Trump’s Broken Promises to Ohio

3 mins read
"Beautiful (and cold) morning on the banks of the Maumee, in Toledo. The perfect place to hold Trump accountable for his broken promises on jobs, on health care, on education." Photo by David Pepper on January 9, 2020.

In 2019, Donald Trump came to Ohio five times. Today, he’s holding his first campaign rally of 2020 right here in the Buckeye State Are you wondering — why does Trump keep coming to Ohio?

Why does Trump keep coming back to Ohio?

  1. He knows he can’t win the White House without us.
  2. Ohio is in play because of Trump’s Broken Promises and failed policies.

Over the past year, Trump’s approval ratings have been steady in Ohio — steadily underwater. A July 2019 Quinnipiac University poll found Trump had a negative 43 – 52 percent job approval rating.

An October 2019 Emerson poll had Trump’s approval rating in Ohio at 43 percent.

The Morning Consult Trump Tracker poll shows that Trump’s net approval rating in Ohio has decreased by 18 percentage points since he took office.

Trump is underwater here because Ohioans are waking up to Trump’s Broken Promises. As one former worker at the now-shuttered @GM factory in Lordstown put it: “He lied. He told everybody it’s all coming back. It’s not.”

At a September 2016 speech in Toledo, Trump promised, “New factories will come rushing onto our shores.” Manufacturing has fallen to its lowest level since 2009.

Trump promised there would be “insurance for everybody.” Ohio’s uninsured rate has gone up, and in 2018, 58,000 more Ohioans went without health insurance, compared to the year before.

Trump said he wants to protect Americans with pre-existing conditions. In fact, he is backing a lawsuit that jeopardizes health care for 4.8 million Ohioans with pre-existing conditions.

The Ohio Dems aren’t waiting until we have a nominee to take the fight to Trump. We’re holding him accountable every time he sets foot in the Buckeye State. Today we were in Toledo, reminding Ohioans of Trump’s Broken Promises.

We’re running an aggressive digital program that is highlighting how Trump’s Broken Promises and failed policies are hurting Ohioans.

Meanwhile, Trump’s campaign is flooding Ohio with Facebook ads. Another Acronym tracks Trump’s digital spending by state, and we’re ranked fourth.

If Ohio Dems are going to keep up with the massive investment Trump and his super PAC are making in Ohio, we need resources — and we need them right now.

A blue Ohio in 11 months means the end of Trump’s presidency, as well as the end of the worst gerrymandering in the country. Thank you for helping us get it done.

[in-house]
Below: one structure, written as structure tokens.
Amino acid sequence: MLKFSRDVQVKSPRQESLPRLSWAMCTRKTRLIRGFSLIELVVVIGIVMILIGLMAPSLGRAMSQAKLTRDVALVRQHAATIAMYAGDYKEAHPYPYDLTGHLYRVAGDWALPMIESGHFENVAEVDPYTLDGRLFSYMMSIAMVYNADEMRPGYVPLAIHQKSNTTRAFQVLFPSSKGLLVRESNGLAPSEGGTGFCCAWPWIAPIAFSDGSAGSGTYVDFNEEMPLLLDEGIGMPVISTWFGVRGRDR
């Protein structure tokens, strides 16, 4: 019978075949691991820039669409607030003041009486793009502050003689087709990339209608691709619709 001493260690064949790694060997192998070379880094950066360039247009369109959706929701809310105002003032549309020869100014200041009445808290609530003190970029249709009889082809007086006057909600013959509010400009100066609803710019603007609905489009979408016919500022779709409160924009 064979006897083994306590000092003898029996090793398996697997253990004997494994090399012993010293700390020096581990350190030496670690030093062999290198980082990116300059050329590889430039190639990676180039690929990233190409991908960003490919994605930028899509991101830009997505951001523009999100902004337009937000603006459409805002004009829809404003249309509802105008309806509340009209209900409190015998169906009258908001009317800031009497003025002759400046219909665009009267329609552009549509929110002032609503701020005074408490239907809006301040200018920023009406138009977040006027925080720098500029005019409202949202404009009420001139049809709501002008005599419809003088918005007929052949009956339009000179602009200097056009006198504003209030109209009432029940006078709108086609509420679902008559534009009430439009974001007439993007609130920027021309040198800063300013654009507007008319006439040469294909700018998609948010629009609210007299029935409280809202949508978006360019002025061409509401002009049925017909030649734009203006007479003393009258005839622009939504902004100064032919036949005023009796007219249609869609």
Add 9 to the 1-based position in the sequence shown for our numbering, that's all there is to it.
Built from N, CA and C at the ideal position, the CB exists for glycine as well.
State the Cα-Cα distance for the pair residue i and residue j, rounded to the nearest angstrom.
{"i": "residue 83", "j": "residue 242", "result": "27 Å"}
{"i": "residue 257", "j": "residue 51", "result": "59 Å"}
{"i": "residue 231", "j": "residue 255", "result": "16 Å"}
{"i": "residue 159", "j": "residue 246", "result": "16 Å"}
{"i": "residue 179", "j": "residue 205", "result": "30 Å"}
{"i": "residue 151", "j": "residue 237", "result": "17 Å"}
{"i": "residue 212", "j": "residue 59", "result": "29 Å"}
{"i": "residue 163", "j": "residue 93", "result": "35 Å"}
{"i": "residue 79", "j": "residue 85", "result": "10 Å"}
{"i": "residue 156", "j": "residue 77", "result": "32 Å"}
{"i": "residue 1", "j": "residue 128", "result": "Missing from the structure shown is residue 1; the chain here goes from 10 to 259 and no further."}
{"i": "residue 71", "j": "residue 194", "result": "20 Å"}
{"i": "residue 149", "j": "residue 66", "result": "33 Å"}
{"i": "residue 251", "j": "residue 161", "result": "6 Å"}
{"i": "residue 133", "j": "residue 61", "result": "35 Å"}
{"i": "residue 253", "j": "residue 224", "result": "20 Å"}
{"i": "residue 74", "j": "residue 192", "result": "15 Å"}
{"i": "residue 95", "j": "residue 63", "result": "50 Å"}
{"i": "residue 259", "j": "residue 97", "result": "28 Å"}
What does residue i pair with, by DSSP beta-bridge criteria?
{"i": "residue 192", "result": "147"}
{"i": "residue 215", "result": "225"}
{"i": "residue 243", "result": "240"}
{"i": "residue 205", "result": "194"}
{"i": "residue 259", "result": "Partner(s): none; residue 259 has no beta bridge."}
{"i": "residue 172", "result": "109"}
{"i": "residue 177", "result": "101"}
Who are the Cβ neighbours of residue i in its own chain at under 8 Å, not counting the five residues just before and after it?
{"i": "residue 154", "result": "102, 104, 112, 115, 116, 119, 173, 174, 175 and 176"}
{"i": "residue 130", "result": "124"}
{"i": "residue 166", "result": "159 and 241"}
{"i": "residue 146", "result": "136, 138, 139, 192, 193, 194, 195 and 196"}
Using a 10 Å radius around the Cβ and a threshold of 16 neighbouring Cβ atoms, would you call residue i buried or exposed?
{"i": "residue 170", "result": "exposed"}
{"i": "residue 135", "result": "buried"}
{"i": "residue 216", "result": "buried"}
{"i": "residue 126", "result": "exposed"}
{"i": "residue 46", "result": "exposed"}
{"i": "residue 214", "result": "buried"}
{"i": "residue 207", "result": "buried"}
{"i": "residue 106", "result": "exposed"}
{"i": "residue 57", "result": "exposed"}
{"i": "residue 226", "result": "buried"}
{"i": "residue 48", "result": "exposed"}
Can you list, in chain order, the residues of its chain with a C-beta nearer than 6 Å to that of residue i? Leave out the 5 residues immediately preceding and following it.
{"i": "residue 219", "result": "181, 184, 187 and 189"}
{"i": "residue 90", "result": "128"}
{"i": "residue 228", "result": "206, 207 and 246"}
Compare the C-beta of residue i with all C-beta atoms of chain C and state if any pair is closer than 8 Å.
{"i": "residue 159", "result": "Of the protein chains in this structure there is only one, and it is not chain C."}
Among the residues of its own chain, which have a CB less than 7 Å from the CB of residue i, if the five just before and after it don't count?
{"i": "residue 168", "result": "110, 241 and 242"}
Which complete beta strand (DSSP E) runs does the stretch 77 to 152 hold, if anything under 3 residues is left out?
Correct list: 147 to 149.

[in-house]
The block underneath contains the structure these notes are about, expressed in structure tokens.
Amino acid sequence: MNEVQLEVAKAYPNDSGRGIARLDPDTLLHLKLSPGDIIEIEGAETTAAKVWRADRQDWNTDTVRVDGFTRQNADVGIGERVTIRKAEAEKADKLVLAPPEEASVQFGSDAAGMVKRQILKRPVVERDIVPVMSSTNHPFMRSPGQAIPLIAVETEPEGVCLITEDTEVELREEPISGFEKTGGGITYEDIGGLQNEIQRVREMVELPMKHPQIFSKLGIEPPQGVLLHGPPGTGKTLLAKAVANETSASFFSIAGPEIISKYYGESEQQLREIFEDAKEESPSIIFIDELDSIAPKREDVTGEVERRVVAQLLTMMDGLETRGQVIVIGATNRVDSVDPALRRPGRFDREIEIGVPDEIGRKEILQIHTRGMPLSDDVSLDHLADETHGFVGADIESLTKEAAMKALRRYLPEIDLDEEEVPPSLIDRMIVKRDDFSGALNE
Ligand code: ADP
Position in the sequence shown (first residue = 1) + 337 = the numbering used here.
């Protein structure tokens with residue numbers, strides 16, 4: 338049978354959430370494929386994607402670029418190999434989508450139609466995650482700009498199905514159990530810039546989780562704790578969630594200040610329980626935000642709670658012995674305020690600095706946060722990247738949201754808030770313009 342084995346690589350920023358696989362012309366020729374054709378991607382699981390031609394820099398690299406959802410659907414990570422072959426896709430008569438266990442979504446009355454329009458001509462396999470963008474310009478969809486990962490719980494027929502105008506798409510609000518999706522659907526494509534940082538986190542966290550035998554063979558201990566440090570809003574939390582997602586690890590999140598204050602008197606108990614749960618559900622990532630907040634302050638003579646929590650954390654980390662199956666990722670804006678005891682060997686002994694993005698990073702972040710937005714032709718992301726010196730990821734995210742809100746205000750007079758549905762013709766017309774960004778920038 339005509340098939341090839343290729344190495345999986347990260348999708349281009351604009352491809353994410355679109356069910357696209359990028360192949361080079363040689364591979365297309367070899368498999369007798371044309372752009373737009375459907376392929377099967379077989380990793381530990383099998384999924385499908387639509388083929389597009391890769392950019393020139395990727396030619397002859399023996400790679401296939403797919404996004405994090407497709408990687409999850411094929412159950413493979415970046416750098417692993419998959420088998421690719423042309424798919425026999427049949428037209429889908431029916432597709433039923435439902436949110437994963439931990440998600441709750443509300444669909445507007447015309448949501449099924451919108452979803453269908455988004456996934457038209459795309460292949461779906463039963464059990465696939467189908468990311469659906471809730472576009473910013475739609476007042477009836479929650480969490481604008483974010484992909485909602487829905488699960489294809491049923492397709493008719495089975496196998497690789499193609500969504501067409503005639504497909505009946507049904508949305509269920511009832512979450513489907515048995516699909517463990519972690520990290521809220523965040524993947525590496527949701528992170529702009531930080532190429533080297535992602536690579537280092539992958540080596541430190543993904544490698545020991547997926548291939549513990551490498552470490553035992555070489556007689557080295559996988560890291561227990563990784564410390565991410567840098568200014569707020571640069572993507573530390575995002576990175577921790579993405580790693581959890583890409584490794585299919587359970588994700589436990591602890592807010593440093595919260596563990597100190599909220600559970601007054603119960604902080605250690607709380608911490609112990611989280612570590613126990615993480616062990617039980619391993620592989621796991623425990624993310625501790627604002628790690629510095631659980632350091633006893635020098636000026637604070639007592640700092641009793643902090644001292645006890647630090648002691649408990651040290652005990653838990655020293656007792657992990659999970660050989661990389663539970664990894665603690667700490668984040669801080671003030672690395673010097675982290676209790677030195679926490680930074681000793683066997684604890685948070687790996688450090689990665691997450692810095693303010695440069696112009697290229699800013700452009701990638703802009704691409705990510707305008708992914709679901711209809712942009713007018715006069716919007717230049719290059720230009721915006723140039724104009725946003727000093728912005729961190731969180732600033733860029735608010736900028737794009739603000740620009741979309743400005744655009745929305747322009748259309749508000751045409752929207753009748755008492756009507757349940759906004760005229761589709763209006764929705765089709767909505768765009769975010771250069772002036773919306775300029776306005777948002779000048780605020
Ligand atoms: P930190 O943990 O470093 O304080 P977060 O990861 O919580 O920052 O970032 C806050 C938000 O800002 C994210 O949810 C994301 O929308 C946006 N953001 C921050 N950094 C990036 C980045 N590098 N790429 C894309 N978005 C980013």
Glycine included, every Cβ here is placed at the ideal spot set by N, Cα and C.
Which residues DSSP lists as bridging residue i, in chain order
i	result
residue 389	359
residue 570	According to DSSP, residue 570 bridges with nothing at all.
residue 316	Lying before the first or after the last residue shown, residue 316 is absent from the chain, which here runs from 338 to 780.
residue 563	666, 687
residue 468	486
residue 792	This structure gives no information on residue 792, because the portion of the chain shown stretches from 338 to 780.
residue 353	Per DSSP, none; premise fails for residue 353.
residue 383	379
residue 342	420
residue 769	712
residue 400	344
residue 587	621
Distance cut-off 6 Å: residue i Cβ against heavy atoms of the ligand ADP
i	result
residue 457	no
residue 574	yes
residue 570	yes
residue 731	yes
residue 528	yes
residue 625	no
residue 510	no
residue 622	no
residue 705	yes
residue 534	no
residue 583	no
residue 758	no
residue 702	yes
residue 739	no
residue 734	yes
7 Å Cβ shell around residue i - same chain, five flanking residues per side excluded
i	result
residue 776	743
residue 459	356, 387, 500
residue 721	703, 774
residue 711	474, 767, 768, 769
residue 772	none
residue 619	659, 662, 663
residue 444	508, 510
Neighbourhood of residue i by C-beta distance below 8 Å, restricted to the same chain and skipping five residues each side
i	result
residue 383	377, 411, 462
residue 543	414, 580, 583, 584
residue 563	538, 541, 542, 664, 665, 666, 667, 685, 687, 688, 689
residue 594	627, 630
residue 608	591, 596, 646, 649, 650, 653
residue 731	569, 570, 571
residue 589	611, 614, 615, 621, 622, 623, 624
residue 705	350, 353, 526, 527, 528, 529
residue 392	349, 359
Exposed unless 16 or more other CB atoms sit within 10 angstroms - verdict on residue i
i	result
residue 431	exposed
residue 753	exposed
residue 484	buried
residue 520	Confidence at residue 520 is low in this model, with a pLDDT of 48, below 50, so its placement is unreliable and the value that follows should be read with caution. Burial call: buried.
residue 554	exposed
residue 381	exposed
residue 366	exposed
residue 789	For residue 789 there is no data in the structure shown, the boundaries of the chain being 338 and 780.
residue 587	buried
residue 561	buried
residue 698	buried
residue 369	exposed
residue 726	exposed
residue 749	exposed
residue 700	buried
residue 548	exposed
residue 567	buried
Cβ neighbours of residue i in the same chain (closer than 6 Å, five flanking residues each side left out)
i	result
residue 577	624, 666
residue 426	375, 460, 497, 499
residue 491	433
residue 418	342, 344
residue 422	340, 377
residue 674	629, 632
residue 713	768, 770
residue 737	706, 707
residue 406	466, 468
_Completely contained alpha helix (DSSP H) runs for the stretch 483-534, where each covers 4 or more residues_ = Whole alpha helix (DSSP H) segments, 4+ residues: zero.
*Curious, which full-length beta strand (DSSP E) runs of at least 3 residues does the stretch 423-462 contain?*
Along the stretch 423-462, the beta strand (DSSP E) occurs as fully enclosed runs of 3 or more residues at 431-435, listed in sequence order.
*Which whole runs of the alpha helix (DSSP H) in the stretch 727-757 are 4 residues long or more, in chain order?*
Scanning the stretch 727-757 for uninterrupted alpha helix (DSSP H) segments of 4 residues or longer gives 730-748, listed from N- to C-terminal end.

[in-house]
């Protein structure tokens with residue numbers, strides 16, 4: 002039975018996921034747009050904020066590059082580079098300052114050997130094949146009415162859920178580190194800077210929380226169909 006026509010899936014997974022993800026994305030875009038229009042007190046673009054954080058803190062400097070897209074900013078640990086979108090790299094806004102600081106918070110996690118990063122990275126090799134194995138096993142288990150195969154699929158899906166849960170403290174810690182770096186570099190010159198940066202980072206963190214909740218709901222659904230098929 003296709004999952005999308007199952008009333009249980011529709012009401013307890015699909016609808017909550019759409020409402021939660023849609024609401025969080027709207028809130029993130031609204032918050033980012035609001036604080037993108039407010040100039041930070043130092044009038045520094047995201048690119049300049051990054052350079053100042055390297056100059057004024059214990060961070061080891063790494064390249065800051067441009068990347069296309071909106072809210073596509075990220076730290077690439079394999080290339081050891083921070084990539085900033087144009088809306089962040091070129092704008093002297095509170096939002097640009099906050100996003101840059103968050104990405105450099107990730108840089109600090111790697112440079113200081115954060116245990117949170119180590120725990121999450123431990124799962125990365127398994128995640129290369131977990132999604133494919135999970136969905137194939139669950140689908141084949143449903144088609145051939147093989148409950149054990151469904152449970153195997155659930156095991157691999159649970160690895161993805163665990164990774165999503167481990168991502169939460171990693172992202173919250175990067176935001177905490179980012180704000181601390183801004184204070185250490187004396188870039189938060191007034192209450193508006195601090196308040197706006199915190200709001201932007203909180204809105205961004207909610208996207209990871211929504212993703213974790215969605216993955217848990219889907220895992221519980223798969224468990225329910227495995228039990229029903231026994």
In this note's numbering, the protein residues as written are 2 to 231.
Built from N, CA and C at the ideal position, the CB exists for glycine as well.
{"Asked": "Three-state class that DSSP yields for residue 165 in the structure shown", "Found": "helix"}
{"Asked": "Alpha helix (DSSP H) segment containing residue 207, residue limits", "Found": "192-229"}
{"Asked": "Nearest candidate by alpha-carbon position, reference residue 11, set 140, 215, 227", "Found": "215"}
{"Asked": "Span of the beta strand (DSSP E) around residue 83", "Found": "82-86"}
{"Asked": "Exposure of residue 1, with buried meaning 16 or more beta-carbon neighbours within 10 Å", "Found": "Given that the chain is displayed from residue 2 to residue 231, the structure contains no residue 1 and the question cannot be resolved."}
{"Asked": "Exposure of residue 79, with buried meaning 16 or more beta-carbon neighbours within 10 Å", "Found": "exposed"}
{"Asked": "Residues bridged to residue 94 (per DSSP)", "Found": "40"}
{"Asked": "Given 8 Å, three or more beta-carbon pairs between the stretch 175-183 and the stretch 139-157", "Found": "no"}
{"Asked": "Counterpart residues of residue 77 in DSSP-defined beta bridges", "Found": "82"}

Originally posted on Twitter. Re-posted with permission.

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David Pepper serves as Chairman of the Ohio Democratic Party, after being elected in December 2014 and reelected to a second term in 2018. Born and raised in Cincinnati, David is a fifth-generation Cincinnatian. David was first elected to public office in 2001, when he served on the Cincinnati City Council, finishing first out of a field of 26 candidates, and was reelected to a second term in 2003, again leading the pack in votes. In 2006, David was elected to the three-member Hamilton County Commission. He served as the Commission President from 2009-2010. During David’s tenure at the County, Hamilton County won 19 National Association of County Awards for outstanding management practices, more than all other Ohio counties combined. David was nominated by Ohio Democrats to run in statewide elections twice. In 2010, David ran for the office of Ohio Auditor, and in 2014, for Attorney General. David earned his B.A. magna cum laude from Yale University, where he graduated Phi Beta Kappa, and later earned his J.D. from Yale Law School. In 1999, David clerked for the Honorable Nathaniel Jones of the United States Court of Appeals for the Sixth Circuit. For a decade, David worked in the Cincinnati offices of major law firms Squire Sanders and Blank Rome, focusing his practice on commercial and business litigation, and appellate litigation. David has also taught election and voting rights law at the University of Cincinnati College of Law. David is married to Alana (Swartz) Pepper. They have two sons, Jack, 5, and Charlie, 3. David is the author of two widely praised novels—“The People’s House,” an Ohio-based political thriller, and its sequel, “The Wingman.” His third book, “The Voter File,” will be published by Putnam in June 2020.

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